Aili Tripp

Dissertation Fellow, 1988

Aili Tripp Alumnae Dissertation Fellow, 1988

Aili Mari Tripp is Professor of Political Science and Gender & Women's Studies at the University of Wisconsin-Madison. Tripp has published numerous books and articles on women’s movements in Africa and internationally, global feminism, gender and politics in Africa and globally, and on women in post-conflict African countries. Tripp has a forthcoming book with University of Cambridge Press entitled, Gender and Power in Post-Conflict Africa. She has published Museveni's Uganda: Paradoxes of Power (2010), co-authored a book with Isabel Casimiro, Joy Kwesiga and Alice Mungwa entitled African Women’s Movements: Transforming Political Landscapes (2009), and is author of Women and Politics in Uganda (2000) and Changing the Rules: The Politics of Liberalization and the Urban Informal Economy in Tanzania (1997). Tripp has edited and co-edited four other volumes. She co-edits a book series with Stanlie James on Women in Africa and the Diaspora for the University of Wisconsin Press. She served as president of the African Studies Association and vice president of the American Political Science Association and has served on numerous boards of professional academic associations. Born in the UK, Tripp has lived 15 years in Tanzania and has dual citizenship in the US and Finland. Her research is based on fieldwork in Tanzania, Uganda, Liberia, Angola and DR Congo.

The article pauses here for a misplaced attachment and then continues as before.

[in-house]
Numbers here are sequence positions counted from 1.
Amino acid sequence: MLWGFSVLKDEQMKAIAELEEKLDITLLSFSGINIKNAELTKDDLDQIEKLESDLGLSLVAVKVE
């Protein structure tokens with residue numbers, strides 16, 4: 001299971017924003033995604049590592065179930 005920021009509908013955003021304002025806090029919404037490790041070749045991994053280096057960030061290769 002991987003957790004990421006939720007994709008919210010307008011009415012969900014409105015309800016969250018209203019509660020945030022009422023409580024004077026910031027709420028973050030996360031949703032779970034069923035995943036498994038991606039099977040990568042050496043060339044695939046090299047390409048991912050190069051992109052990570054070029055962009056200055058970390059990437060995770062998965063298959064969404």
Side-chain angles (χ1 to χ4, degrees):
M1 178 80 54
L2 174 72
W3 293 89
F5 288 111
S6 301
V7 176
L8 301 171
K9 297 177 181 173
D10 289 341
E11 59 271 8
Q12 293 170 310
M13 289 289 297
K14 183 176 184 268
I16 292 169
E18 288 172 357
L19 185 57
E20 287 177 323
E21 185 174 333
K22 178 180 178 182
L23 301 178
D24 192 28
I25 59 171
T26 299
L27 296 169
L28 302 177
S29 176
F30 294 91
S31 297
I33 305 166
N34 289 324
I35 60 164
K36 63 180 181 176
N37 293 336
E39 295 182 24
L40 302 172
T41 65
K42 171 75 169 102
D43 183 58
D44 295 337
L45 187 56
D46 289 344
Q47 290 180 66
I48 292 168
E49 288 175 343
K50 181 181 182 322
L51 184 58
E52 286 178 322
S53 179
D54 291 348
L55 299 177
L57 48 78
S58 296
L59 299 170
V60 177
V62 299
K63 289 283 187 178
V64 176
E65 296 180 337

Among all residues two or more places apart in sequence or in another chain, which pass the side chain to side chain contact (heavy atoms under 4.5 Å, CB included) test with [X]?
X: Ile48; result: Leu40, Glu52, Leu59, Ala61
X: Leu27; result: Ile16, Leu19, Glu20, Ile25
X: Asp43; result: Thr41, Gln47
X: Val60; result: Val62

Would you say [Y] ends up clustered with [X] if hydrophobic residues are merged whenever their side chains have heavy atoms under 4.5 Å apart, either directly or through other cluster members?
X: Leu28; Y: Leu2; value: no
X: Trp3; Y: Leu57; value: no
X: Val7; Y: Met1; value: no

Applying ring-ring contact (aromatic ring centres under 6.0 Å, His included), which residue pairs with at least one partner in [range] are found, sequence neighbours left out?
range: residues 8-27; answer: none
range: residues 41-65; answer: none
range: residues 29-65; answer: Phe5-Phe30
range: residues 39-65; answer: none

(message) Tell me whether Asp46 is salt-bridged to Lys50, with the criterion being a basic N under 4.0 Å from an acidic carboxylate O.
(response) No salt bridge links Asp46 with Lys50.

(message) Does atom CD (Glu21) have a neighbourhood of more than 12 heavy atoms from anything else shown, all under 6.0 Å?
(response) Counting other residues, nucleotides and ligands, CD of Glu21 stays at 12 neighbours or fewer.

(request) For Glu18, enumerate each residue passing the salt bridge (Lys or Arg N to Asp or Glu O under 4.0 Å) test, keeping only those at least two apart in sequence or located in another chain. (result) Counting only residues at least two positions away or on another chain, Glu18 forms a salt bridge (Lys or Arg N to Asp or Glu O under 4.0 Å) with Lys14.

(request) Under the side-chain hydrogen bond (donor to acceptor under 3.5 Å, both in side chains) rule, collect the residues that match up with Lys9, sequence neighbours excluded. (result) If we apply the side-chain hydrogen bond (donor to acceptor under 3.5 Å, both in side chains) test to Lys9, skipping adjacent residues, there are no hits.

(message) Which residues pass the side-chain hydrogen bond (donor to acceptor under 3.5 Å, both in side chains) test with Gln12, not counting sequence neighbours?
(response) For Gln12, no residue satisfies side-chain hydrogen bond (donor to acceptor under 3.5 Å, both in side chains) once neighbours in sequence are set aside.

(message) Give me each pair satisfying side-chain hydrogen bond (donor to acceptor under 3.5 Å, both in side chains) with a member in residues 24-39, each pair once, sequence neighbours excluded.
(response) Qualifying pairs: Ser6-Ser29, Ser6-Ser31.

Reflection on the Alumnae Fellowship I received the award from the Alumnae Association in 1988 right after I had returned from carrying out fieldwork in Tanzania so it was incredibly helpful in allowing me to complete my dissertation. The dissertation eventually became a book that was published by University of California Press, entitled Changing the Rules: The Politics of Liberalization and the Urban Informal Economy in Tanzania, which launched my career. It helped me get a position as a professor in Political Science and Gender & Women’s Studies at the University of Wisconsin-Madison, where I have remained for 23 years. You don’t have to include this but as I recall, the best part of it was that I did not have to apply because my PhD advisor nominated me. I was not expecting it so it was a complete surprise! That is the best kind of award . . . an unexpected one